Federal, state, and local representatives will converge on Jacksonport next week to celebrate a national designation for the Door County Coastal Byway. The Federal Highway Administration designated the 66 miles of Highway 42/57 as a National Scenic Byway in February. Next Thursday’s ribbon cutting will be the formal dedication of the Door County Coastal Byway as a National Scenic Byway. It was also the culmination of years of waiting and work by the Door County Coastal Byway Council. The program stopped in 2008, was reintroduced in 2017, and the paperwork was filed early last year. Door County Coastal Byway Chairperson Ann Miller says it has been worth it.

The ribbon-cutting for the Door County Coastal Byway’s designation as a National Scenic Byway will take place on June 17th at 1:30 p.m. at Jacksonport’s Lakeside Park. The designation makes the Door County Coastal Byway one of two in the state, joining the 70-mile Wisconsin Lake Superior Byway.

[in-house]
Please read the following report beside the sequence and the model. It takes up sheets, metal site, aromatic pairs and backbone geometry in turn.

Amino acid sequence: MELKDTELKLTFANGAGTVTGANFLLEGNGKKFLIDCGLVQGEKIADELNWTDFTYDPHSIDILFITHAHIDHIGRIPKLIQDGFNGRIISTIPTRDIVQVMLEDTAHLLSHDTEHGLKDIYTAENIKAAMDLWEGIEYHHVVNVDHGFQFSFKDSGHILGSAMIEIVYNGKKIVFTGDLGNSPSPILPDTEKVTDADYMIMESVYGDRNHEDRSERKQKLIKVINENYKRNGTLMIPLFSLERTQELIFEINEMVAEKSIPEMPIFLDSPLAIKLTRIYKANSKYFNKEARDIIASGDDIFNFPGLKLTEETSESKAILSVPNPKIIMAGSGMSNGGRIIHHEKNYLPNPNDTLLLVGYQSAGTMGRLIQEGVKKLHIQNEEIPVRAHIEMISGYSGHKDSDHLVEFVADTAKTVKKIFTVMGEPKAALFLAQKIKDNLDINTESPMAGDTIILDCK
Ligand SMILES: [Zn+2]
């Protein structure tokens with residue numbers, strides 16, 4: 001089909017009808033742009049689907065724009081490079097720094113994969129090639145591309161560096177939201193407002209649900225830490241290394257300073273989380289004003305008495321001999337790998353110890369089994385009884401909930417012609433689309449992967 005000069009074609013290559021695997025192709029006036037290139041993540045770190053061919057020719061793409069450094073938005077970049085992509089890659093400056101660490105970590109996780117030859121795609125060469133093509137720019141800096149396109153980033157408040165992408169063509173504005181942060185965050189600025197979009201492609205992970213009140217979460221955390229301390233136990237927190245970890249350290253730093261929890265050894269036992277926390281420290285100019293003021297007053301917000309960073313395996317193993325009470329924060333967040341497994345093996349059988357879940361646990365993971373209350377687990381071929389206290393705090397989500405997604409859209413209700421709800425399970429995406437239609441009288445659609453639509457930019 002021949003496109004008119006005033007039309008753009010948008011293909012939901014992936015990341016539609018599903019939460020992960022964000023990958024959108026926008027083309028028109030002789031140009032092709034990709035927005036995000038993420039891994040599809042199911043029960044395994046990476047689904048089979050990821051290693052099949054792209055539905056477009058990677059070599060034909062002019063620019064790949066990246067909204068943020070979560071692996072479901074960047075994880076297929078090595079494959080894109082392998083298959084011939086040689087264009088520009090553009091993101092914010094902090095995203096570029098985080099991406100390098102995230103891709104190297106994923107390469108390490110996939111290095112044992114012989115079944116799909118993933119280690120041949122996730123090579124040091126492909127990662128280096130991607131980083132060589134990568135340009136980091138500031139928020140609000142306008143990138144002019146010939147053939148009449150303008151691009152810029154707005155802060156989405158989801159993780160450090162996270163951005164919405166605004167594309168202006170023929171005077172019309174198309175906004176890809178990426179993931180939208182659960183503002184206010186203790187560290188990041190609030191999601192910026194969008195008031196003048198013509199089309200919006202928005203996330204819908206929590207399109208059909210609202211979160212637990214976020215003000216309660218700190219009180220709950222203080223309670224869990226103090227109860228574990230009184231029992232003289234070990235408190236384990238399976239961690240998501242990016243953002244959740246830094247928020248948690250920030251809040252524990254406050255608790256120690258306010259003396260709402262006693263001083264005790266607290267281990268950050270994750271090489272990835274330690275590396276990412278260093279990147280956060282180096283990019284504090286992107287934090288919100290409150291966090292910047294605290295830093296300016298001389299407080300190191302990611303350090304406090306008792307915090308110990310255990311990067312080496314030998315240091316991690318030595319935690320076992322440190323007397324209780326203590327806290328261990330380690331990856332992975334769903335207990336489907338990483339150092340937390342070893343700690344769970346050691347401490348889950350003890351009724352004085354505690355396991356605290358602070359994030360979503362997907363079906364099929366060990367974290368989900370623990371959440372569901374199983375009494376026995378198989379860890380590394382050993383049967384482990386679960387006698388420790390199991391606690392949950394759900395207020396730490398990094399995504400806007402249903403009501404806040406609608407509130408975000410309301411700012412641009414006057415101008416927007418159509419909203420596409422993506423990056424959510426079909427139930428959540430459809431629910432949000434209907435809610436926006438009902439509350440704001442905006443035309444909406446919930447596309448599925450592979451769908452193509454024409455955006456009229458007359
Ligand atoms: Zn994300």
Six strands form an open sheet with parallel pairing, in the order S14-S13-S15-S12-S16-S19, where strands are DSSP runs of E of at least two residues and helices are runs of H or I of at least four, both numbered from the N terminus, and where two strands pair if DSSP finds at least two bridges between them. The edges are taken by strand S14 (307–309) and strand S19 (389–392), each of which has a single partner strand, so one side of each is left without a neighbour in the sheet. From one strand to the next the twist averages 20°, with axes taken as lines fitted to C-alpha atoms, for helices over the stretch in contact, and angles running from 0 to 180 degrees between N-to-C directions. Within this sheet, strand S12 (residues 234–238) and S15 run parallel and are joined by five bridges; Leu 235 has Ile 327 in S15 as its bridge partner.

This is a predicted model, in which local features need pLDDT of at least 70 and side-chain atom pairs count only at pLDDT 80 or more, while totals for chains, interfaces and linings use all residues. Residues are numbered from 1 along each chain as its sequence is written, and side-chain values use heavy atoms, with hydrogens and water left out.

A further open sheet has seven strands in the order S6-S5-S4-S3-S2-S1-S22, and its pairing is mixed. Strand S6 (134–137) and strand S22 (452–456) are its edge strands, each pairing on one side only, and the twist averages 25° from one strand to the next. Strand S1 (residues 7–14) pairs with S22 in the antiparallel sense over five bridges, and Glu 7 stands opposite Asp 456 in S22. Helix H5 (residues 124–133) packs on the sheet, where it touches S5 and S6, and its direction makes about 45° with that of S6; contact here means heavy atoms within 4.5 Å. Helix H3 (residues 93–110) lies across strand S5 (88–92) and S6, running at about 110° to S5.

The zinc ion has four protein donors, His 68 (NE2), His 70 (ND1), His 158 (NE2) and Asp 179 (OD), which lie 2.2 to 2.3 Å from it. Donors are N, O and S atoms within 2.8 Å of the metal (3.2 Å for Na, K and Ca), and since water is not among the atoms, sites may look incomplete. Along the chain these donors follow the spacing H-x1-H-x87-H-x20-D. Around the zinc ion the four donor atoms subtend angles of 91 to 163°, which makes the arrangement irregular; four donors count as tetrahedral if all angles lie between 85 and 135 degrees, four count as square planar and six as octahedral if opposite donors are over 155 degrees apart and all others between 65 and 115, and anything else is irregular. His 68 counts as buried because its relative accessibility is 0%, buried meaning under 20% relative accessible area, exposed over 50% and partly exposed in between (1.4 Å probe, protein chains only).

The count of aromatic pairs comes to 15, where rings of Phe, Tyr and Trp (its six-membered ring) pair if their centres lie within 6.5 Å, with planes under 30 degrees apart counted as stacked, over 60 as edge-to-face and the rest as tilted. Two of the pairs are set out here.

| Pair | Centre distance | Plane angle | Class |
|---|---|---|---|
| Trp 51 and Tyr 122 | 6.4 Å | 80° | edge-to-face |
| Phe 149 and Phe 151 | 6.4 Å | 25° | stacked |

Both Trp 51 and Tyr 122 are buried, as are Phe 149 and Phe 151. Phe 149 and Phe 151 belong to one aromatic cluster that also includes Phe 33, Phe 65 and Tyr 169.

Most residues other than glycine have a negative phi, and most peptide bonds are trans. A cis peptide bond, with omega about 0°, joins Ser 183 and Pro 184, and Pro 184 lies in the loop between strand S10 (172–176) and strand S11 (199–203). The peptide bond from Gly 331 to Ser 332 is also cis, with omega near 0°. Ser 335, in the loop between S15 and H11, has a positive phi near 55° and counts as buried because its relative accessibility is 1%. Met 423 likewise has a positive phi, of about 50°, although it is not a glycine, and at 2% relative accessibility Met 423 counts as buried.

Sevastopol says good-bye to 1924 building

Thursday marks the beginning of the end for the oldest section of Sevastopol School. June 10th is when the demolition of the school’s original 1924 three-story building will begin after crew completed the asbestos abatement process in recent days. Since the district hosted its last in-service days prior to Memorial Day, the building’s 1946 addition and a connector hallway have already been completely demolished. Sevastopol Superintendent Kyle Luedtke says the demolition of the 1924 building will take approximately 4-6 weeks to complete not just because it is a bigger building, but some of the other extra steps that need to be taken.